Oski wrote:
brokerbevo wrote:
Ahhh, I see what you mean in regard to the AND / OR in regard to my first question. Thanks.
;)
brokerbevo wrote:
As for my second question, I understand how the statements work, however, even if the statements can be used alone, they can not contradict each other because the statements are always true. So, as a rule of thumb, if the statements contradict each other, a math mistake was made. I'm not saying your answer is wrong, I'm just trying to understand the logic because inequalities is my biggest weakness. Thanks for your patience.
Logic: back to the basics :D
You have an answer (S) and 2 propositions (1) and (2).
Different GMAT answers are:
(A): (1) => (S) and (2) ≠> (S)
(B): (1) ≠> (S) and (2) => (S)
(C): (1) ≠> (S), (2) ≠> (S) and [ (1) & (2) ] => (S)
(D): (1) => (S) and (2) => S
(E): (1) ≠> (S), (2) ≠> (S) and [ (1) & (2) ] ≠> (S)
In particular for (D), it is not a matter of (1) & (2), you have to consider them separately.They are the hypotheses, and the question is "if you assume (1) is true, is (S) true or false or we don't know ?" and then a separate question is "if you assume (2) is true, is (S) true or false or we don't know ?"
A very simple illustration:
Imagine a GMAT question which would be: "(S) Is x>0?"
(1) x>2
(2) x<-1
Clearly, (1) and (2) are contradictory since you cannot have both x<-1 AND x>2, but that's not the point.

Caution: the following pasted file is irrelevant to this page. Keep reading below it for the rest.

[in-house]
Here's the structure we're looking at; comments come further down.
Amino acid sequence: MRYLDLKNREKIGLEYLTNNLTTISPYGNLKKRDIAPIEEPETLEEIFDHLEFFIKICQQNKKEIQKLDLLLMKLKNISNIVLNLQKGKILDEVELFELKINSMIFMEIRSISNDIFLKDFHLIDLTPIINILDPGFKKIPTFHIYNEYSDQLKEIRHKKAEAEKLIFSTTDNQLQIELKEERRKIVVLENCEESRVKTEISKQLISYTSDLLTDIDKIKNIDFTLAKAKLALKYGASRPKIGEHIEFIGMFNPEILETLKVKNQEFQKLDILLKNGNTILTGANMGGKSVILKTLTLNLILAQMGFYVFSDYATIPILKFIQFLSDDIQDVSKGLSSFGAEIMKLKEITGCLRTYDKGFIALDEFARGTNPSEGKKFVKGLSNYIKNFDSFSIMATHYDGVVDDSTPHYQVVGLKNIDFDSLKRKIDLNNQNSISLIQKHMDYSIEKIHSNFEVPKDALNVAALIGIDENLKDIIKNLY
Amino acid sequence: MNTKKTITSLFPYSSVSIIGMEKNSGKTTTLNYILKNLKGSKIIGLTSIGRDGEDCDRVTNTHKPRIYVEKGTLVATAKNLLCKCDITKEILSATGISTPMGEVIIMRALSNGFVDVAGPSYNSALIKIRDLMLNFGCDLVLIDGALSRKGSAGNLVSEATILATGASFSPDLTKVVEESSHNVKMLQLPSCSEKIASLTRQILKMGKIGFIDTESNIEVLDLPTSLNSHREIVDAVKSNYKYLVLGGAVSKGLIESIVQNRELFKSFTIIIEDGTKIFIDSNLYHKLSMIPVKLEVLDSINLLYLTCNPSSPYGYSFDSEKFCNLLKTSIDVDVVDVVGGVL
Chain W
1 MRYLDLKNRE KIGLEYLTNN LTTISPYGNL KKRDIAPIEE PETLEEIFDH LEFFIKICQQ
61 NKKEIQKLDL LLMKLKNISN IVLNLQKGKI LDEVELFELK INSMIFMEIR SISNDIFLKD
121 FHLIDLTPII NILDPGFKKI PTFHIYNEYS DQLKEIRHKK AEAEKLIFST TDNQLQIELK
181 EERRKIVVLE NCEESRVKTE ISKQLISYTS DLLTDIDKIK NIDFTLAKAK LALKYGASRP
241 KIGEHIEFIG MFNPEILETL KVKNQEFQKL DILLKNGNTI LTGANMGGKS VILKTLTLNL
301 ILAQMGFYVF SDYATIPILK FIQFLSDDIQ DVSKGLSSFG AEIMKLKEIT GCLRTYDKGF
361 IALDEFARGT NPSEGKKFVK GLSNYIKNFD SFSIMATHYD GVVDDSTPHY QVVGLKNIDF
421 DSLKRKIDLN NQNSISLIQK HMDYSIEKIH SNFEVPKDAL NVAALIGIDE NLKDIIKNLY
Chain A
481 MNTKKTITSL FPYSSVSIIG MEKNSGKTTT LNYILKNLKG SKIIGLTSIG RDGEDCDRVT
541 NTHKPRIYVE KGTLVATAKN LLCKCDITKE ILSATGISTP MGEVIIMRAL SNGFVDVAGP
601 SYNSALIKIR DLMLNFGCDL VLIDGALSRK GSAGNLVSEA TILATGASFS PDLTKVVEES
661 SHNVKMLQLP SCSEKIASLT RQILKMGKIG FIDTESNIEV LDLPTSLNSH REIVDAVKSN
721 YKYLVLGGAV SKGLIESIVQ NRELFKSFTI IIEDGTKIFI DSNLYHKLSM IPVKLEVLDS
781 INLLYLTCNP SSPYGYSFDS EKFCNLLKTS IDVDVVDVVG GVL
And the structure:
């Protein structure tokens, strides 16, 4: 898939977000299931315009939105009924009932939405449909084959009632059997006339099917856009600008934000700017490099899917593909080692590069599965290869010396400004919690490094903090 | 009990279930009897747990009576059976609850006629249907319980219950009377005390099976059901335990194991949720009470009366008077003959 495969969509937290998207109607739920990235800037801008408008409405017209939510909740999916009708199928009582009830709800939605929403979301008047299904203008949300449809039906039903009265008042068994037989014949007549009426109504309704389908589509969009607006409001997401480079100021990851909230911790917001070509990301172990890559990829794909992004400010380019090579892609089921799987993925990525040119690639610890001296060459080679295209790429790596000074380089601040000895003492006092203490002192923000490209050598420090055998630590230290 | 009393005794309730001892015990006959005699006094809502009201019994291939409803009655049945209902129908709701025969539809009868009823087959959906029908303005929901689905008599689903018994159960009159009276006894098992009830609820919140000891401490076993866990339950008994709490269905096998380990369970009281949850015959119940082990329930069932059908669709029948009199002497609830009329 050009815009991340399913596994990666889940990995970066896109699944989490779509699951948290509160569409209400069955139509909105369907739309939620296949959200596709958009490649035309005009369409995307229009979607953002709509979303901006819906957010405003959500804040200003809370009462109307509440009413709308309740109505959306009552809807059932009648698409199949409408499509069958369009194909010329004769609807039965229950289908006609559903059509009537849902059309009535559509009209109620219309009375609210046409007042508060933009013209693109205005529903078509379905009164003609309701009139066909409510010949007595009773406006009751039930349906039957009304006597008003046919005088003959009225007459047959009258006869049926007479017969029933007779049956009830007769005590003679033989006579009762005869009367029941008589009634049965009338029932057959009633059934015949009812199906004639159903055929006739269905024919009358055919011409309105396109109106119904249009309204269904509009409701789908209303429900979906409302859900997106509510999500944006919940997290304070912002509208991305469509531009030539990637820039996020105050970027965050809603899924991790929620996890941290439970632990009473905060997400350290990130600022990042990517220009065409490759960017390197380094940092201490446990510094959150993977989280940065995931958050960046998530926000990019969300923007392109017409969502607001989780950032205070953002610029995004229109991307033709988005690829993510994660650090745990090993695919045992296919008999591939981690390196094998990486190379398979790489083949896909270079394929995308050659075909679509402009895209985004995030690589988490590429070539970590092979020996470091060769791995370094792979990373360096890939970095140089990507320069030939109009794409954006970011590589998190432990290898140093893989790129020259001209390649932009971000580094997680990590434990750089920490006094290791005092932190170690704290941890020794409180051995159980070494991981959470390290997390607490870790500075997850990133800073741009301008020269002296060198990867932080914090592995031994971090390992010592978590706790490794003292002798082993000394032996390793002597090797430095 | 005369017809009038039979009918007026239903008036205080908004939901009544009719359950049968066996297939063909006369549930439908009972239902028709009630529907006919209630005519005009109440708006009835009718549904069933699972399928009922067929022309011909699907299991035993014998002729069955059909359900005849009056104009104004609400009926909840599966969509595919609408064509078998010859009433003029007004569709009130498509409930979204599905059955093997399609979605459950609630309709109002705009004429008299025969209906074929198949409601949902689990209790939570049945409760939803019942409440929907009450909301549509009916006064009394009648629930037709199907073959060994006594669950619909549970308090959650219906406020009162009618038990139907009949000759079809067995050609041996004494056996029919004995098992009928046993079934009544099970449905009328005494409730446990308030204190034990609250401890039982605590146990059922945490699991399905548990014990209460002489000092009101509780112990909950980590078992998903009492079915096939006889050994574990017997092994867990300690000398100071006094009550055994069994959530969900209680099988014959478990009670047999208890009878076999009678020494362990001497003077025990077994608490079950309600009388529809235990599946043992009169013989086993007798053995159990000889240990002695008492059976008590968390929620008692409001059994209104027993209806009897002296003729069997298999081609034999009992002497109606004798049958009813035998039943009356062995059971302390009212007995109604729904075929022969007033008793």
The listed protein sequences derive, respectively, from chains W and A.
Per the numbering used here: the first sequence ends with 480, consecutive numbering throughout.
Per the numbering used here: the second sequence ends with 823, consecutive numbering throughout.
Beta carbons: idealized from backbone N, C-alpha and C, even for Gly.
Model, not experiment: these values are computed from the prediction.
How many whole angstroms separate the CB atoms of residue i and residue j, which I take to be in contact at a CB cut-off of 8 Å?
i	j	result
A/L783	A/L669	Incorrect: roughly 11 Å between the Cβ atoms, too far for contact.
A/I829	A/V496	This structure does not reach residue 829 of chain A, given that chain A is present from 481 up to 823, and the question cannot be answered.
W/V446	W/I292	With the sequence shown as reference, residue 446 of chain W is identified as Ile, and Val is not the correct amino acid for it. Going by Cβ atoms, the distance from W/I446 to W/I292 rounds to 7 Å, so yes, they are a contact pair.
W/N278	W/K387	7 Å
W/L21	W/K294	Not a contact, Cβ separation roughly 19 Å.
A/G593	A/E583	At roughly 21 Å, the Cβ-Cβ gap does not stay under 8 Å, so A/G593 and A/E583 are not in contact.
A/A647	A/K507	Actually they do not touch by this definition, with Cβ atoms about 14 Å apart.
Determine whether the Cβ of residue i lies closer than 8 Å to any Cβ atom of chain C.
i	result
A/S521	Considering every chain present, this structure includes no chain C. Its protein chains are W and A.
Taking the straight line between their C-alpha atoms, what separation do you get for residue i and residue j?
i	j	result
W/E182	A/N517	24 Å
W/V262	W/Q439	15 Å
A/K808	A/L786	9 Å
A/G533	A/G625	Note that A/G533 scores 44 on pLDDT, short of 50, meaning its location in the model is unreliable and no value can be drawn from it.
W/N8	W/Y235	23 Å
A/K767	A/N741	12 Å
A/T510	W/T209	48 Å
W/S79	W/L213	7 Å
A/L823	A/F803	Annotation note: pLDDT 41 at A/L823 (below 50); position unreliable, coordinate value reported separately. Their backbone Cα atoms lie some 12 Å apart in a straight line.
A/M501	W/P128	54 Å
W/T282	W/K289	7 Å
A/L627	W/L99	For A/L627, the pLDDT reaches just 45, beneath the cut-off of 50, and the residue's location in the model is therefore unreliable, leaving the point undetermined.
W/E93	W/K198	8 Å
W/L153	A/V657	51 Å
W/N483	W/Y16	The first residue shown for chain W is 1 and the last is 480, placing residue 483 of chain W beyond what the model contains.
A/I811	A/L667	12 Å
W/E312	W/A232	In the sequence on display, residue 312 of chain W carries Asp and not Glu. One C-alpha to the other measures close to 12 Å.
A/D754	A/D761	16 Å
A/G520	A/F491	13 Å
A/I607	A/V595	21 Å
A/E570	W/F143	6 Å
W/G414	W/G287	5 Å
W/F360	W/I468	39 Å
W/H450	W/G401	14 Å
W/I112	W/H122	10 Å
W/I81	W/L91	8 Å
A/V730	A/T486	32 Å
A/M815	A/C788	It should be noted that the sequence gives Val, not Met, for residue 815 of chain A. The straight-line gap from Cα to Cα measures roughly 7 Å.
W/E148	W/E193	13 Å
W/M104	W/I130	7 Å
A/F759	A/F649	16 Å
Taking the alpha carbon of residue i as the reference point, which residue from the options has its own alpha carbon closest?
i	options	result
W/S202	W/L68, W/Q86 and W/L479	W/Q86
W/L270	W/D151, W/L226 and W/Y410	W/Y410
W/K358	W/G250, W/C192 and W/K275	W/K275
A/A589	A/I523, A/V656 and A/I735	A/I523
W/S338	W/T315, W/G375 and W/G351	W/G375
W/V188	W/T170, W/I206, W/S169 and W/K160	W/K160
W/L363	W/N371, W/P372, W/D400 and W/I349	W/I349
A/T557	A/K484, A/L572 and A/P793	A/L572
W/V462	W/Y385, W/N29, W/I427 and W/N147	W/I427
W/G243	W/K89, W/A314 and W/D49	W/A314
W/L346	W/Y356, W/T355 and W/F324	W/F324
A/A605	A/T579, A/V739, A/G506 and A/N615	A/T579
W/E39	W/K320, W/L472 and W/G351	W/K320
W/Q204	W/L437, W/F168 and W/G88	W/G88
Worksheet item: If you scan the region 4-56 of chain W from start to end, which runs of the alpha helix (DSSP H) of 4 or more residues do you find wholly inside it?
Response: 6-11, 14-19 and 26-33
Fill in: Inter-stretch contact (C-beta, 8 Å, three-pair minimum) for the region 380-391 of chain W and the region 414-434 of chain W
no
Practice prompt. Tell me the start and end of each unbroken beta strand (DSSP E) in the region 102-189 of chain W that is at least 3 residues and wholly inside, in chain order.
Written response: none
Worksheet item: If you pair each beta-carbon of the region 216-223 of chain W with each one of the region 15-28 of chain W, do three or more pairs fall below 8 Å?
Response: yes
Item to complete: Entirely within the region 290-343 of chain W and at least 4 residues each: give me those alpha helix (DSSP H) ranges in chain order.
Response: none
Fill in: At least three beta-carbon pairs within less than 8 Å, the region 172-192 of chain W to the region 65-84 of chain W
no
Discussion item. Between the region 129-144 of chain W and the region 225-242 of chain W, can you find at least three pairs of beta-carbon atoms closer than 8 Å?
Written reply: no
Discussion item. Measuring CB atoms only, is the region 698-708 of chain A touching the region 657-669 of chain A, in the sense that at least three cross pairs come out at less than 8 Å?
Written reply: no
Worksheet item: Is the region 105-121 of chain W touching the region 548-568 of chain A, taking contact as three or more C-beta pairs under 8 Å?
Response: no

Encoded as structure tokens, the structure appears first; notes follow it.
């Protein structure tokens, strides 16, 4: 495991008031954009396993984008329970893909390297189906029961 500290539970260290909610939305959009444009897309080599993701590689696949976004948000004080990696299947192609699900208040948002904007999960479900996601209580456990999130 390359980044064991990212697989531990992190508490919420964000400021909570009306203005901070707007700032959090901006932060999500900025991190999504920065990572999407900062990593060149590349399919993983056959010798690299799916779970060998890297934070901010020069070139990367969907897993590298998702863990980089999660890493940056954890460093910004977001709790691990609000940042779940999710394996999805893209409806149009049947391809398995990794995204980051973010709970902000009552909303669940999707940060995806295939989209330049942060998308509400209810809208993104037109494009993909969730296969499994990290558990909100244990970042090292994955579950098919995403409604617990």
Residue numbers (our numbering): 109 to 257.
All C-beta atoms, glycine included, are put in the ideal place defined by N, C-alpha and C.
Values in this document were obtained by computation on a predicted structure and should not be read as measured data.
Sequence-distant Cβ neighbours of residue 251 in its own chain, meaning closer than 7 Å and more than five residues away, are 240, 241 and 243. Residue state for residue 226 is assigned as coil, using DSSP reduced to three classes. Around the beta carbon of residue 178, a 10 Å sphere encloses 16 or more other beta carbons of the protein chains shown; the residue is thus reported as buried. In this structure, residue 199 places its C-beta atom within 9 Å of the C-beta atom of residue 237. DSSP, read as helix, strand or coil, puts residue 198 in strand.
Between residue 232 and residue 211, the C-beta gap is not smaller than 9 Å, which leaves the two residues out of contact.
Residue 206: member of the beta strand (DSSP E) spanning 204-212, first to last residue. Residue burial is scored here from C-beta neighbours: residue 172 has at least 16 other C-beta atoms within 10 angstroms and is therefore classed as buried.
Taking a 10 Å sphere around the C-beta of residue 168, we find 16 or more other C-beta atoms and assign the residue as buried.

If (1) is true you can answer question (S) (if x>2 then x>0 is true)
If (2) is true you can answer question (S) (if x<-1 then x>0 is false)
So answer would be (D) as well, even if (1) and (2) are contradictory.
I hate to beat a dead horse (of course I don't of anyone who beats dead horses but nonetheless), I completely understand how the statements and the ABCDE choices work in a DS problem. All I am saying is that the statements can never contradict. The statements will nonetheless show different information, maybe even the same piece of information just stated in a different way, but they can never contradict each other. For example, if you have the following DS problem:
Q: is x = 4?
(1) x^2 = 16
(2) x < 0
And lets say your work was as followed:
(1) x = 4 SUFFICIENT to answer
(2) x is negative and thus x does not equal 4 SUFFICIENT to answer ----> since both statemenst are sufficient to answer, your answer would undoubtedly be D. However, when you take a step back and look at your work for each statement you would say "wait, how can x be 4 yet x also be a negative number?" Therefore, you know you made a math mistake somewhere. Now, of course, this is an ultra-simplified example, and of course statement (1) would be x = +/- 4 and the answer would be B, but it does hold the same logic in that the statement are always true. When problems get more complex, it might be a good idea to take a step back and ask yourself if your final outcomes of each statement contradict each other. The hard part is viewing the statements in isolation to determine whether statement (1) is enough information to answer the question or if statement (2) is enough to answer the question, if not, then you go on to C or E. This is a tip given by
MGMAT prep to double-check your work. I hope this helps. Anyway, thanks for the explanation of the inequalities, I added your answer and reasoning to my study sheet and I understand inequalities a lot more now. As I said, this is my biggest weakness. I wish everything in the world could be equal instead of inequal -- it would make the math a lot easier. Thanks.